Friendly fire is not so friendly. It is really accidental and usually a tragic error if injury or death occurs. I had a friend in Vietnam killed by friendly fire, as the result of an errant rocket fired from a helicopter during a Viet Cong attack on a supply depot. That also made him collateral damage.

Other military euphemisms include:

  •  “softening up,” or bombing an area before sending in the ground troops;
  • “expectant,” an Iraqi with a critical head injury who is expected to die, and
  • “dead checking,” which is finishing off all wounded combatants in a location believed to be occupied by insurgents.

The previous two examples come from our continuing war on terrorism. Of course, “finishing off” is a euphemism for killing in case that wasn’t clear. Some military euphemisms become part of the vocabulary of American business (and increasingly in modern politics).

Euphemisms are also common in hospitals and other purveyors of health care because of disgusting things that happen to us that require their intimate attention. The euphemisms are for patients and their families, but when the docs and nurses talk among themselves they often use jargon, which might be called the opposite of euphemisms.

Jargon: The specialized language of a trade, profession or similar group when viewed as difficult to understand by outsiders.

Medical words and expressions exchanged among doctors and nurses are often unflattering and not meant to be heard by patients. Who can blame them, especially during dark days many have been dealing with lately? For instance, a “beached whale” is an obese patients who is incapable of doing much physically except lie in bed. Then you have “beating off angels,” which is continuing CPR on a patient who isn’t going to make it. “Guts and butts” is a term for general surgery. “Velcro” refers to spouses, parents and others who stick as close to a patient as their shadows.  And then there is a “tax sucker,” who is person who calls an ambulance when it is not needed. A patient who is a “call button jockey” or “pillow fluffer” is constantly seeking attention from the nursing staff.

They may come across as demeaning and cynical, the dark humor you might expect from people who devote long hours dealing with death, illness and injury. Therefore, they don’t qualify as euphemisms because they don’t make harmful, scary or offensive things seem harmless. They might have quite the opposite effect to an outsider.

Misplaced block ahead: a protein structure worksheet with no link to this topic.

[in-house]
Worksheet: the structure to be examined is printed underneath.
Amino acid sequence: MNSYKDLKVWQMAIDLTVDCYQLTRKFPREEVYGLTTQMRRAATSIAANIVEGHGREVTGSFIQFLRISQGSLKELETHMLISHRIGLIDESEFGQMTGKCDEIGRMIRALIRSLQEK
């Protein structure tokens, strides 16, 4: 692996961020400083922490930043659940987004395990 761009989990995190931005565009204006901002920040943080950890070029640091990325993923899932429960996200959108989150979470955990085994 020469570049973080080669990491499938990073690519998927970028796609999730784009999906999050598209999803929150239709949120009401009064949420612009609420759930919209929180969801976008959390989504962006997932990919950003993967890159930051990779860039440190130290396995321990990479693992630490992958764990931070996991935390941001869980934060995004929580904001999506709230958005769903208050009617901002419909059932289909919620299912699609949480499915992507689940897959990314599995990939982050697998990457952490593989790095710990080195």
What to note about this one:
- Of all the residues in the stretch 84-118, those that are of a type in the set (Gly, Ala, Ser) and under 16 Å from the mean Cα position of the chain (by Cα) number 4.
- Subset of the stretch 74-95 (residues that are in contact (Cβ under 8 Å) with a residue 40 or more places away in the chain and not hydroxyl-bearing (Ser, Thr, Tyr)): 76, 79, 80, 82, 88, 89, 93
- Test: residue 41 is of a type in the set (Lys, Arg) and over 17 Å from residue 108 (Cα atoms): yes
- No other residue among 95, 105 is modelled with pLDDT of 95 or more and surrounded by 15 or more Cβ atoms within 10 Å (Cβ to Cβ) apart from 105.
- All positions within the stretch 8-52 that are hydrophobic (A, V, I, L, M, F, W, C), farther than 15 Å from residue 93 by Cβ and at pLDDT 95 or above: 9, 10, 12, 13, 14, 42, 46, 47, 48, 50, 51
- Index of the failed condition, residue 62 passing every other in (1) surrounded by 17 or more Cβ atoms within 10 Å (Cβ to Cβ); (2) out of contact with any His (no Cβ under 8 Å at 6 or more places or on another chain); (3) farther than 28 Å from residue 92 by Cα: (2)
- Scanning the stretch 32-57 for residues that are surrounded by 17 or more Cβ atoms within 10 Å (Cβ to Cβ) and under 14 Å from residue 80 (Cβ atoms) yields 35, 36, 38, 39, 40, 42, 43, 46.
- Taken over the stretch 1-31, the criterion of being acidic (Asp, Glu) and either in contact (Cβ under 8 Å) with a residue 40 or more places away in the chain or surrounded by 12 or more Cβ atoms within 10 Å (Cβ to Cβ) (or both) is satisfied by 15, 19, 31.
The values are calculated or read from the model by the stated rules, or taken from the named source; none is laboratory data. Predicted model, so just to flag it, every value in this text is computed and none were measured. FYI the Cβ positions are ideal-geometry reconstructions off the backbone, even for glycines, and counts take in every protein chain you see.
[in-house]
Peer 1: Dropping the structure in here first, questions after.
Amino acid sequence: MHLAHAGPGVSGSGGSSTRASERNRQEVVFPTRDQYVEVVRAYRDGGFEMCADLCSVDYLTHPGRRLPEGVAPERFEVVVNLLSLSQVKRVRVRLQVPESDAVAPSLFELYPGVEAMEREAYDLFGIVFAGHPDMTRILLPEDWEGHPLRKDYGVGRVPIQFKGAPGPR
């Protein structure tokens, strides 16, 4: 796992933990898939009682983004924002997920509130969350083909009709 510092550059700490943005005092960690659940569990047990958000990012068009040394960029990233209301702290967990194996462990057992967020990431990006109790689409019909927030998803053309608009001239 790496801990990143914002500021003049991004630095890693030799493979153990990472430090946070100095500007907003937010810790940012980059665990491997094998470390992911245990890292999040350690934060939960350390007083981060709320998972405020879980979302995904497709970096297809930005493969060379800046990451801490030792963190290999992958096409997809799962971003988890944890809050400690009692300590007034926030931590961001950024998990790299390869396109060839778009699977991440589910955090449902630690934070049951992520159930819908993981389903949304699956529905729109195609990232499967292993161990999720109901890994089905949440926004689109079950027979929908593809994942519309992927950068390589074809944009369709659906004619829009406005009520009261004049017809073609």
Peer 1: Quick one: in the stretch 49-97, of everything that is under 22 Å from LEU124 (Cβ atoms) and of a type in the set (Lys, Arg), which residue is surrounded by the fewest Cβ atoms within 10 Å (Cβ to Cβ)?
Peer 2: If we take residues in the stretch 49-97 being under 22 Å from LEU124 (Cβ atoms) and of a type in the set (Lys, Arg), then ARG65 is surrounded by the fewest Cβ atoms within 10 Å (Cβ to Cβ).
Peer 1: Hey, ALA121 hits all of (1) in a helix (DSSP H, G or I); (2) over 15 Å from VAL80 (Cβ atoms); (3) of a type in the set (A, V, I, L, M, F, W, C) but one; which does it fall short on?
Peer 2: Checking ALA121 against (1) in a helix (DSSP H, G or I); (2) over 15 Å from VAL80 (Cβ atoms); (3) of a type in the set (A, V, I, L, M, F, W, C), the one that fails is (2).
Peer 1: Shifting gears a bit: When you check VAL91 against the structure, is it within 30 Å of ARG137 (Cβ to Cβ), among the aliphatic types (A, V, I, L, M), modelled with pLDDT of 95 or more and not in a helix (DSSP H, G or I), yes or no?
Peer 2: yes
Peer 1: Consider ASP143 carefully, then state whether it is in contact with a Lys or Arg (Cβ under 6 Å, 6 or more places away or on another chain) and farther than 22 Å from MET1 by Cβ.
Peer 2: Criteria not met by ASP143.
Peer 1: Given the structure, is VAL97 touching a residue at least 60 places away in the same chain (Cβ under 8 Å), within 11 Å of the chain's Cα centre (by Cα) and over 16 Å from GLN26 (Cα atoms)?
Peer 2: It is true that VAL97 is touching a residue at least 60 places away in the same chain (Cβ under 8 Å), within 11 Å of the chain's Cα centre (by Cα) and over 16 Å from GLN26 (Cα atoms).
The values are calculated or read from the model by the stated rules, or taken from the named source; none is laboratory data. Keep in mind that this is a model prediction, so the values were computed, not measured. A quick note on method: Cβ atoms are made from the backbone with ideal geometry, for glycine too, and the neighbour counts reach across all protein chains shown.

We get different responses for the expressions “illegal aliens” and “undocumented workers” when they mean pretty much the same thing. Banks and other financial institutions will often refer to “underperforming assets” when they are really talking about bad investments and not assets at all.

My favorite term in my latest research on euphemisms is “percussive maintenance.” We all do it. When all else fails, we just keeping hitting something (like the vending machine and maybe the office printer when nobody is looking) thinking we will get it to work.

Some Last and Very Long Words

Finally, since before I get accused of being too long-winded (if you can really get winded from typing) it might be appropriate to revisit some of my observations in the past in a commentary entitled, “For Those with a Longing for Long Words…”

Bigger is not necessarily better when it comes to the words we choose to use, but that doesn’t mean we’re not impressed by them. Most of the all-time longest words were in other languages, not English. The exception may be place names, as is the case with a lake in Massachusetts named Chargoggagoggmanchauggagoggchaubunagungamaugg. That’s 45 letters with the letter “g” repeated 15 times. We’ve vacationed in Vermont at Lake Memphremagog, but that moniker, which was impressive at the time, seems tiny compared to the former (which I don’t have the energy or space to repeat). Both share Native American origins.

Of course, those of us who escaped childhood before “Mary Poppins” premiered on American movie screens in 1964 learned that the longest legitimate word meant being opposed to the invalidation of a nationalized religion, particularly the Church of England. That word was antidisestablishmentarianism, but it took a made-up word comprised of 14 syllables and 34 letters to fit in the lyrics of a catchy song— supercalifragilisticexpialidocious—which, if you say it loud enough, “is bound to sound precocious.”